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The Death and Life of an American Small Town

Nick Reding


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Other Editions of This Title:
Paperback (6/3/2010)

Winter 2011 Reading Group List

“You may find ourself talking and talking about this book to anyone who will listen! It draws a very poignant and fascinating portrait of what is undoubtedly the most dangerous drug in common use. Reding uses a small town in rural Iowa, profiling the 'players' in this socially crippling epidemic -- farmers, drug dealers, recovering addicts, the mayor, a local prosecutor, and a doctor. For all of its heartbreak, the book is not without hope as it examines one town's desperate fight to survive.”
— Maurine Barnett, Darvill's Bookstore, Eastsound, WA
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Crystal methamphetamine is widely considered to be the most dangerous drug in the world, and nowhere is that more true than in the small towns of the American heartland. Methland is the story of the drug as it infiltrates the community of Oelwein, Iowa (pop. 6,159), a once-thriving farming and railroad community. Tracing the connections between the lives touched by meth and the global forces that have set the stage for the epidemic, Methland offers a vital and unique perspective on a pressing contemporary tragedy.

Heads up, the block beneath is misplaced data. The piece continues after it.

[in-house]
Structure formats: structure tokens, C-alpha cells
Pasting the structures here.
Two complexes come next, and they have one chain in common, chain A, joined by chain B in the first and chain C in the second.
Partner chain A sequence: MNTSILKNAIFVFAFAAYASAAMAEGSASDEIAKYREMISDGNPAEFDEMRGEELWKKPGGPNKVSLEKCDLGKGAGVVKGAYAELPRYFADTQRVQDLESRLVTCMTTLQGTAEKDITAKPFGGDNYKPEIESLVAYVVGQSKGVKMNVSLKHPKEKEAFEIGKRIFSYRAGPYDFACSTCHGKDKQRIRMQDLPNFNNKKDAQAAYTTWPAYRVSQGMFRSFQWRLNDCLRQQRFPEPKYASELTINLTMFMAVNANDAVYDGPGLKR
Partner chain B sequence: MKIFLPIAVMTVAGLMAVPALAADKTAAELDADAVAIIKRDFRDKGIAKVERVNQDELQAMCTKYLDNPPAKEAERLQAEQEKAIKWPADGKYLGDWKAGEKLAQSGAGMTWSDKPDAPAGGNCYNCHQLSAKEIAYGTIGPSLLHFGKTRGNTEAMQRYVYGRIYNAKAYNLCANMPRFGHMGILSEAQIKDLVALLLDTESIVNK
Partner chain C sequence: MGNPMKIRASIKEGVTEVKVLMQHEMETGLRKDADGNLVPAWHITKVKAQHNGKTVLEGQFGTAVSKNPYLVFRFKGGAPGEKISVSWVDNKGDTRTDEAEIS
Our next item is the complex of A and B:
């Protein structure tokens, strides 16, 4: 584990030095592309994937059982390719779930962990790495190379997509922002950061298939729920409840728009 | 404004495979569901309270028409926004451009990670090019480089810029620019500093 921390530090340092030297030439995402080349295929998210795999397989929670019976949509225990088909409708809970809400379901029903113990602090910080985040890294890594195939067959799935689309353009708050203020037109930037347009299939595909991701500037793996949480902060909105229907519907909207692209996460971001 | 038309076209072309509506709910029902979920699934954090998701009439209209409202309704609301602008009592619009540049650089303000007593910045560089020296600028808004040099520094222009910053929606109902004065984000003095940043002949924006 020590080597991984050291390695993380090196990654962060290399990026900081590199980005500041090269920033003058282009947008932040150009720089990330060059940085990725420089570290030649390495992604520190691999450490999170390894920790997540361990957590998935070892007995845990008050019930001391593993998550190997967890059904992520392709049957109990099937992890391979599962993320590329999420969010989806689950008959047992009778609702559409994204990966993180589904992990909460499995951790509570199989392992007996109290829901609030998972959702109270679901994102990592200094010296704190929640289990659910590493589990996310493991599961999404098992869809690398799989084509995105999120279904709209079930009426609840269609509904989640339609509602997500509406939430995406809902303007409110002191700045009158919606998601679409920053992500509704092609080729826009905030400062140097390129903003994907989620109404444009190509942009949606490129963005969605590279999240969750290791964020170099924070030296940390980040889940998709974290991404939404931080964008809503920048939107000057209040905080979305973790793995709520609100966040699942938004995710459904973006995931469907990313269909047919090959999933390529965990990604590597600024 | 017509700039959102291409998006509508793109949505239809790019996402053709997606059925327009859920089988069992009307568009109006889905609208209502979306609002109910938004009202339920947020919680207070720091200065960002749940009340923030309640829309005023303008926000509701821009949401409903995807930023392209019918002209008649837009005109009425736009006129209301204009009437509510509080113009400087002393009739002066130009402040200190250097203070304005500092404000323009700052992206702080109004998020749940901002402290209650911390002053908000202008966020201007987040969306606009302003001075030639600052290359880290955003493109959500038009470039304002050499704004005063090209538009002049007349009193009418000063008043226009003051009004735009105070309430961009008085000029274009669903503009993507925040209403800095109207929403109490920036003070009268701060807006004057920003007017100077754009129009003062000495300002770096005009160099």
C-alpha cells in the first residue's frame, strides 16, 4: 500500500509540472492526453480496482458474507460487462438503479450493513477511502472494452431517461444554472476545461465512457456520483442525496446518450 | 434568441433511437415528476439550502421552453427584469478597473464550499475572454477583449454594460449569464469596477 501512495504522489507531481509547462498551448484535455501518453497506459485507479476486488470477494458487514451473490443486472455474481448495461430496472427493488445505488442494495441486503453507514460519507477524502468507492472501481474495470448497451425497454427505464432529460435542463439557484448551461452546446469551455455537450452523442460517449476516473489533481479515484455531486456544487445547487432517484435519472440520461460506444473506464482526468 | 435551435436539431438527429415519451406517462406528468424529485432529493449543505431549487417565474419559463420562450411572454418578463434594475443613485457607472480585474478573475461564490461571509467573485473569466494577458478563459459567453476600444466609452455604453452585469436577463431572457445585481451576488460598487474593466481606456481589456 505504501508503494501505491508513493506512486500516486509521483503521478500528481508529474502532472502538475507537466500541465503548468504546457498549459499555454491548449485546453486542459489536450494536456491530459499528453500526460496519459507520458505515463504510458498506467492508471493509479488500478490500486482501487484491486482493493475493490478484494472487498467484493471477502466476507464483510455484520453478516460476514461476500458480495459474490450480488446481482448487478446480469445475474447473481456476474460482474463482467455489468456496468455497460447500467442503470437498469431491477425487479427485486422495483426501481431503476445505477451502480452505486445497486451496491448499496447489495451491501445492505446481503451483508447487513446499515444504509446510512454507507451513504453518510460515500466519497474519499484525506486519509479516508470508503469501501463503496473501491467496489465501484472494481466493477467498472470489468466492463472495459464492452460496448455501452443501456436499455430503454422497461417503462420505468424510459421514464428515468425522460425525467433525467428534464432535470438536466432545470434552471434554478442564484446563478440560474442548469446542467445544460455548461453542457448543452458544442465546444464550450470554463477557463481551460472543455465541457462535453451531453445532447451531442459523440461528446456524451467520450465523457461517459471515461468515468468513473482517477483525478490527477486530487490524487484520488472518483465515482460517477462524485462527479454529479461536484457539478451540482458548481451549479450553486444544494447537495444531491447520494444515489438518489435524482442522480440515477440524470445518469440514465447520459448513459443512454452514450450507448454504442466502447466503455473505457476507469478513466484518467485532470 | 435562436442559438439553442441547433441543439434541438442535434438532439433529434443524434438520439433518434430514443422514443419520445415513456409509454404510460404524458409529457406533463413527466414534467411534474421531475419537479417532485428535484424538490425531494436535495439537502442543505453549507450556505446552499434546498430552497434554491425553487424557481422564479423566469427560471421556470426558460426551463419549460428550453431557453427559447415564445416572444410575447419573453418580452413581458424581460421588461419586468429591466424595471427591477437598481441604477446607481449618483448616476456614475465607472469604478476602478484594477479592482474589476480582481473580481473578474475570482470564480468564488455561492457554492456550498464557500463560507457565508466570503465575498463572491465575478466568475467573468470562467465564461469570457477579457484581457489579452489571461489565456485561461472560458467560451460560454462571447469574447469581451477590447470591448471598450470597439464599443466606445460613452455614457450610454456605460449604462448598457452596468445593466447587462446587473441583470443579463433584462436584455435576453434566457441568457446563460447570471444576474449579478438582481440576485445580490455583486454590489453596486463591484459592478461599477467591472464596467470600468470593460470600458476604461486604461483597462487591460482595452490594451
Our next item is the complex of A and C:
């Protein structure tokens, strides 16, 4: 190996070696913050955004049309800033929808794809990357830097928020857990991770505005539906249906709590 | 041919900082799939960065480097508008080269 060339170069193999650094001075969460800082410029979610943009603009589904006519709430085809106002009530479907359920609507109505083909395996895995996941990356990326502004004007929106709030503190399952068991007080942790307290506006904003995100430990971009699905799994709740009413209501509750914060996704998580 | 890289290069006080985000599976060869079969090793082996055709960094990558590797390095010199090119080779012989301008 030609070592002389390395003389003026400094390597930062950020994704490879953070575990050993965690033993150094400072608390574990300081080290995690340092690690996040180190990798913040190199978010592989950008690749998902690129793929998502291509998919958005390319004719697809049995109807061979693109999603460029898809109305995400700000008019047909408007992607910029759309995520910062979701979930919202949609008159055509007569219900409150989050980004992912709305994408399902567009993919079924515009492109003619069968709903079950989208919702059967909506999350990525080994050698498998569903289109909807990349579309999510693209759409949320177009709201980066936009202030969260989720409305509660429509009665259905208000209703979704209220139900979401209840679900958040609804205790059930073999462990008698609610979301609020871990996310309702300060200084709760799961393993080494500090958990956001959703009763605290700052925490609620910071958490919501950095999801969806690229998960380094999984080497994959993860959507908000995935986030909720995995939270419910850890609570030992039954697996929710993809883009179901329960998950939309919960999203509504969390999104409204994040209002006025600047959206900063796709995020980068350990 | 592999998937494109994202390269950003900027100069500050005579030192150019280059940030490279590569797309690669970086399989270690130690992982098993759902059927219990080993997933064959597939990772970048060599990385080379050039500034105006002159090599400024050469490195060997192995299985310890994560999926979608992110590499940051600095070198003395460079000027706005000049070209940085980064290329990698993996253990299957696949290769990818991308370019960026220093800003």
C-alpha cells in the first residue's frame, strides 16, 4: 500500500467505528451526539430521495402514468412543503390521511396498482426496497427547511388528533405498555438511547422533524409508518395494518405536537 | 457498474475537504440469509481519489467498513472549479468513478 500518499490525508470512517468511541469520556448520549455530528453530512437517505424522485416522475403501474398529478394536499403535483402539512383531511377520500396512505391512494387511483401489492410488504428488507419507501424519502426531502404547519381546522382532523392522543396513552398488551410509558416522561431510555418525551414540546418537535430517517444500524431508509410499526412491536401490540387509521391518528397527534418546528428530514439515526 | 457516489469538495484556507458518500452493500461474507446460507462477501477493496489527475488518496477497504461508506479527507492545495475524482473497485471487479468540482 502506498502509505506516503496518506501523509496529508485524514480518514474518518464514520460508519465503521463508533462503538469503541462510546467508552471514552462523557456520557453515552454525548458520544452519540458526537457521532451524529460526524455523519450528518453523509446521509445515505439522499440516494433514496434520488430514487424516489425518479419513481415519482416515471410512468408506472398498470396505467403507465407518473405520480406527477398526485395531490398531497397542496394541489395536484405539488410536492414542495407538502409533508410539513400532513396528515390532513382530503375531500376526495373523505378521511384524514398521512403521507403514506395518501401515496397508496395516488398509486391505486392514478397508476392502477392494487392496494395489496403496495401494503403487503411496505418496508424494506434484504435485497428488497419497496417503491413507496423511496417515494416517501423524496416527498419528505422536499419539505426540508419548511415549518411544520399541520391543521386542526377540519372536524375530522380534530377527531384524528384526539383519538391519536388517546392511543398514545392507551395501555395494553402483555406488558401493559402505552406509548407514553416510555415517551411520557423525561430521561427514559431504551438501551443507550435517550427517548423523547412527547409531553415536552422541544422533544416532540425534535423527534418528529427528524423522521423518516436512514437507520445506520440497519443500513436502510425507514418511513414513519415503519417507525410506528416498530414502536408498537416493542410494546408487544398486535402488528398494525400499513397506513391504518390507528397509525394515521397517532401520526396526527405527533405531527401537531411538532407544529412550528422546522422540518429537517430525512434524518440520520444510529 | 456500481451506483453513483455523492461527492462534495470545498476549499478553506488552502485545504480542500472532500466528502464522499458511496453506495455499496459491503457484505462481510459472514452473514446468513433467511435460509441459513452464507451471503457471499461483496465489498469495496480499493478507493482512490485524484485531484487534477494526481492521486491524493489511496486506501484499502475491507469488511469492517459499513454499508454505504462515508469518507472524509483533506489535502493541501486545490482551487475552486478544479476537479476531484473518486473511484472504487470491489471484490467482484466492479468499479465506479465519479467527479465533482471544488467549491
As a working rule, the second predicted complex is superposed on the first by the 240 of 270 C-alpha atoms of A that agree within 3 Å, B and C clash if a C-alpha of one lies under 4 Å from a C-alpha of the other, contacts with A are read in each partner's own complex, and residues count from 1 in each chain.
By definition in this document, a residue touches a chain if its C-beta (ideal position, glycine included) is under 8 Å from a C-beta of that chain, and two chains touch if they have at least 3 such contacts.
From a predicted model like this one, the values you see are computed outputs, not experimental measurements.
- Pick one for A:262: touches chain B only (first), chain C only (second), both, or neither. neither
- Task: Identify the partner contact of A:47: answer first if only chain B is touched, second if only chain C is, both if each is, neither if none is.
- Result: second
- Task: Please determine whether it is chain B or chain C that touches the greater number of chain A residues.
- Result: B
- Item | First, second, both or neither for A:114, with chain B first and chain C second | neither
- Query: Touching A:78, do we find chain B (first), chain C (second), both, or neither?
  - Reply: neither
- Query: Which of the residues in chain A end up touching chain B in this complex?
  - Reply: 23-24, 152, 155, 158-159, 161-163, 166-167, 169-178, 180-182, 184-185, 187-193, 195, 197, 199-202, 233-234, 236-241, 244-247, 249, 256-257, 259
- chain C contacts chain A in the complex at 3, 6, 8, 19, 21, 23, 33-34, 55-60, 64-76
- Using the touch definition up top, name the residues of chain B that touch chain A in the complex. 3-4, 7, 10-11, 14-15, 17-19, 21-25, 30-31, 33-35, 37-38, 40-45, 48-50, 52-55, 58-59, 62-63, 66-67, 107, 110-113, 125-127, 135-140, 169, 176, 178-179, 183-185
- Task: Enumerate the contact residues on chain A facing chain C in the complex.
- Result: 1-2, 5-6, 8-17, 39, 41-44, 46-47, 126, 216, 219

Oelwein, Iowa is like thousand of other small towns across the county. It has been left in the dust by the consolidation of the agricultural industry, a depressed local economy and an out-migration of people. If this wasn't enough to deal with, an incredibly cheap, long-lasting, and highly addictive drug has come to town, touching virtually everyone's lives. Journalist Nick Reding reported this story over a period of four years, and he brings us into the heart of the town through an ensemble cast of intimately drawn characters, including: Clay Hallburg, the town doctor, who fights meth even as he struggles with his own alcoholism; Nathan Lein, the town prosecutor, whose case load is filled almost exclusively with meth-related crime, and Jeff Rohrick, who is still trying to kick a meth habit after four years.